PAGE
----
We often think of New England as one of the most unchurched (or de-churched) regions of the country. So you may be surprised to know that the number of churches in Boston actually doubled between the 1960s and the year 2000. Much of the increase is due to the growth of immigrant-focused evangelical and Pentecostal churches. Christianity Today covered Boston’s “quiet revival” in 2006, and one of the best scholarly analyses of the revival comes from Boston College historian Marilynn Johnson, in a 2014 Religion and American Culture article. Johnson explains:
Some of the earliest examples of evangelical cultivation of new immigrants occurred in the Chinese community. What would become New England’s largest Chinese Christian congregation, the Chinese Evangelical Church, was founded in 1961 by the Reverend James Tan, who arrived in Boston in the 1950s to serve at a Chinatown mission church established by mainline Protestant groups. Raised as a Presbyterian in South China, Tan had also been influenced by evangelicals and Pentecostals working in rural China. With his more popular evangelical style, he soon grew uncomfortable in the mission and founded his own church in 1961.
Baptists with the Union Rescue Mission helped the new congregation secure a worship space while leaders of the Park Street Church helped them write bylaws and navigate the legal incorporation process. As the church grew, its members raised funds to erect their own building on Harrison Avenue in 1979. Most of the early members were Cantonese-speaking laundry and restaurant workers; after 1980, however, it attracted a growing number of Mandarin-speaking migrants from the mainland and added Mandarin-language services in 1989.
During the 1950s and 1960s, Christian student groups at local universities were the seedbed for new churches serving more educated Asians. . .The Chinese Bible Church of Greater Boston had its roots in a Christian study group among predominantly Taiwanese students at MIT. . . .
While the area’s first Asian churches were opening their doors in the 1960s, an even more dramatic explosion of religious activity was taking place among Puerto Rican migrants. In the South End, Puerto Rican Pentecostals organized three new churches—Iglesia de Dios (Mission Board), Iglesia de Cristero Misionera, and Asamblea de Iglesias Cristianes. Along with Canaan Defensores de la Fe, founded in Roxbury in 1966, these churches became the foundations of a dynamic Latino Pentecostal movement in Boston.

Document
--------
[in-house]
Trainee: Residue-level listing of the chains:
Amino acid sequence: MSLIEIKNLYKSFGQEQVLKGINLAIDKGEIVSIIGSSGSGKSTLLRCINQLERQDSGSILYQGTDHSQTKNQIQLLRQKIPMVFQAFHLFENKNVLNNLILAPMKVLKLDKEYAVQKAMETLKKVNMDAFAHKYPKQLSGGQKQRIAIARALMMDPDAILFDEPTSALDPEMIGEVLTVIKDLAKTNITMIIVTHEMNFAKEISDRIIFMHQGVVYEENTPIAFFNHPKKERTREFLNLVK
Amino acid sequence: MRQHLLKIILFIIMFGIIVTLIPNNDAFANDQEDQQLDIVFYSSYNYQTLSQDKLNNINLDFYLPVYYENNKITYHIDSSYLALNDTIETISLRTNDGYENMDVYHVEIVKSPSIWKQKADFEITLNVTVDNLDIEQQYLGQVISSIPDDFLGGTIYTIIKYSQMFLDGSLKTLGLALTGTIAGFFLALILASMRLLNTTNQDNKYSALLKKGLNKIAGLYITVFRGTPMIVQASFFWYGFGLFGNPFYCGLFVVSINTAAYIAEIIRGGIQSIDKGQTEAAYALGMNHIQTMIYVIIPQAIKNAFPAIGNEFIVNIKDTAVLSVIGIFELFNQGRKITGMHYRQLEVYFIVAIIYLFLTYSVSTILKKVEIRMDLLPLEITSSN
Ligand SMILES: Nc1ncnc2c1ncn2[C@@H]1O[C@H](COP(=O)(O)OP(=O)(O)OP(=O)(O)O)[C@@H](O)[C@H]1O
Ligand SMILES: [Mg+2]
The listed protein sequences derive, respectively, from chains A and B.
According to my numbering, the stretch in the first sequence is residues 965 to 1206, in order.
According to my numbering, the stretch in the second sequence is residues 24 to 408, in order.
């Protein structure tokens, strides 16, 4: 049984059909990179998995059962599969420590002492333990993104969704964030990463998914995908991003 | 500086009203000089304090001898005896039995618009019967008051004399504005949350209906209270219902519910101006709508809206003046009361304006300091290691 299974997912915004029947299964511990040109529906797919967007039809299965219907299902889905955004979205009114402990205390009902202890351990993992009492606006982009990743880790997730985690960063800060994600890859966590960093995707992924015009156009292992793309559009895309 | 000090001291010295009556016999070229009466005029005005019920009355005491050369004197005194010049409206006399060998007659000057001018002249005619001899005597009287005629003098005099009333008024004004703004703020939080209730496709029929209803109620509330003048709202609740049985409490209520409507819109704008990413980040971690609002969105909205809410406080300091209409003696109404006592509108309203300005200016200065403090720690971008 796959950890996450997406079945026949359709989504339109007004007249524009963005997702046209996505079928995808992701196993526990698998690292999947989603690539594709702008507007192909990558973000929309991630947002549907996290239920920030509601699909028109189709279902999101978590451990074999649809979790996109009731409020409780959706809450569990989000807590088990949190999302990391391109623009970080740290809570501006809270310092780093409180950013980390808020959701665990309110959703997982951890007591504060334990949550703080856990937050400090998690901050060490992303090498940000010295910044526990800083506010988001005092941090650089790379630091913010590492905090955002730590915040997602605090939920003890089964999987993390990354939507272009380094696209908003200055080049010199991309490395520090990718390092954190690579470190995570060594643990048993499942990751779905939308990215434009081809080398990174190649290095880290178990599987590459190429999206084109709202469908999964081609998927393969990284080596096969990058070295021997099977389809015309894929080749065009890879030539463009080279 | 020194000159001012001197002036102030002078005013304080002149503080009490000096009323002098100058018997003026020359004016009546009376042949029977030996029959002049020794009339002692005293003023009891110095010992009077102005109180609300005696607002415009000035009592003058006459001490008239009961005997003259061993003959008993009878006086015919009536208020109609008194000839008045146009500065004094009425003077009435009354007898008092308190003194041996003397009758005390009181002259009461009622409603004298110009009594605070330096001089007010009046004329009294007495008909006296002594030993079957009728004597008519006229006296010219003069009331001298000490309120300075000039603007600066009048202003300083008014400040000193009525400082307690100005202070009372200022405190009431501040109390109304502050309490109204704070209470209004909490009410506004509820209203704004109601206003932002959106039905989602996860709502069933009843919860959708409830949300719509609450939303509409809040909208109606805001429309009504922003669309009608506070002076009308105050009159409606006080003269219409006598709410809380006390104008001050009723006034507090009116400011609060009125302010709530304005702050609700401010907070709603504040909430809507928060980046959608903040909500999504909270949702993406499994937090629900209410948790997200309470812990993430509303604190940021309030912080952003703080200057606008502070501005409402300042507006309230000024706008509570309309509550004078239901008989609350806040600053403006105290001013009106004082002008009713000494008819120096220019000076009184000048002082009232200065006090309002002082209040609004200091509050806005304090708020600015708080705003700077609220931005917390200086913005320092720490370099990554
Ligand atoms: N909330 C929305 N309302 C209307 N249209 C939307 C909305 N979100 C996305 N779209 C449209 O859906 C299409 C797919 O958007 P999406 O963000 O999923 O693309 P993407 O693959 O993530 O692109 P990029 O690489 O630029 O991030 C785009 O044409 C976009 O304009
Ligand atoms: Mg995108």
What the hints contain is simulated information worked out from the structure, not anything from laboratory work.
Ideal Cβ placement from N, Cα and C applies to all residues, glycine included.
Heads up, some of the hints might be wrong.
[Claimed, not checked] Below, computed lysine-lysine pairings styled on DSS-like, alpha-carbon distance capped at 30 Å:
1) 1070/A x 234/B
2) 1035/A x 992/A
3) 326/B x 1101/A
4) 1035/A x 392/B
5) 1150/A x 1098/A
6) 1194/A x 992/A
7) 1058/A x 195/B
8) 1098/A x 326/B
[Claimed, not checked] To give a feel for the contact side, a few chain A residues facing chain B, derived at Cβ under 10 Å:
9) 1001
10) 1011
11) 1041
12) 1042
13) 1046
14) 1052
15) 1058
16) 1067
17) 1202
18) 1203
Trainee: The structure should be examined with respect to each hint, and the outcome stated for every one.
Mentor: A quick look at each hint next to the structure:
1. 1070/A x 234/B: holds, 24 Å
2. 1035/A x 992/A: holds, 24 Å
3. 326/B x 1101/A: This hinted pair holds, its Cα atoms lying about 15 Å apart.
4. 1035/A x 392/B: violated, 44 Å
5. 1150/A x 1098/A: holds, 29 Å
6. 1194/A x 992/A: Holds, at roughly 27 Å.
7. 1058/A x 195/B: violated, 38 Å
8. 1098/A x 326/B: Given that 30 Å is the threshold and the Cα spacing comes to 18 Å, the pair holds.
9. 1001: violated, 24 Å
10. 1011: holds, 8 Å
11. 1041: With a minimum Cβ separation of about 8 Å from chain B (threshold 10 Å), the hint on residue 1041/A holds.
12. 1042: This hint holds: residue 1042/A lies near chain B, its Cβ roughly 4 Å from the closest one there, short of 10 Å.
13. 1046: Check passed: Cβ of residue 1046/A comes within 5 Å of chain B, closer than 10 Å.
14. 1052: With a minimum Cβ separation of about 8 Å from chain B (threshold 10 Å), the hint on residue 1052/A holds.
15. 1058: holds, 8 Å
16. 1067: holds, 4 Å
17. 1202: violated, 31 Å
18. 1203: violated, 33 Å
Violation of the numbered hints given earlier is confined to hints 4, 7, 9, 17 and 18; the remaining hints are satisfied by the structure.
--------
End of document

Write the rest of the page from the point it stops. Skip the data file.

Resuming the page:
The rapid proliferation of these churches followed the growing diaspora from Puerto Rico and the Dominican Republic, islands where Pentecostal denominations such as the Assemblies of God and the Pentecostal Church of God had strong followings. In some cases, church members called on their home churches to send preachers to Boston, who then sought out storefronts or older churches to house their ministries. . . .
Many of these churches were Pentecostal, but there were also numerous other denominational churches that shared sanctuaries with dwindling native-born congregations. This was especially true in Jamaica Plain, where older Methodist, Presbyterian, and Baptist churches became predominantly Latino in the 1970s and 1980s. St. Andrews United Methodist Church, for example, became a mixed Anglo-Latino congregation in the early 1970s and initiated a Spanish-language ministry, the first among New England Methodists. Another new denominational church was Leon de Juda, a Baptist congregation that began meeting at the Emmanuel Gospel Center in 1982. The church later renovated an empty factory building in lower Roxbury and has since become one of the largest Latino congregations in the city.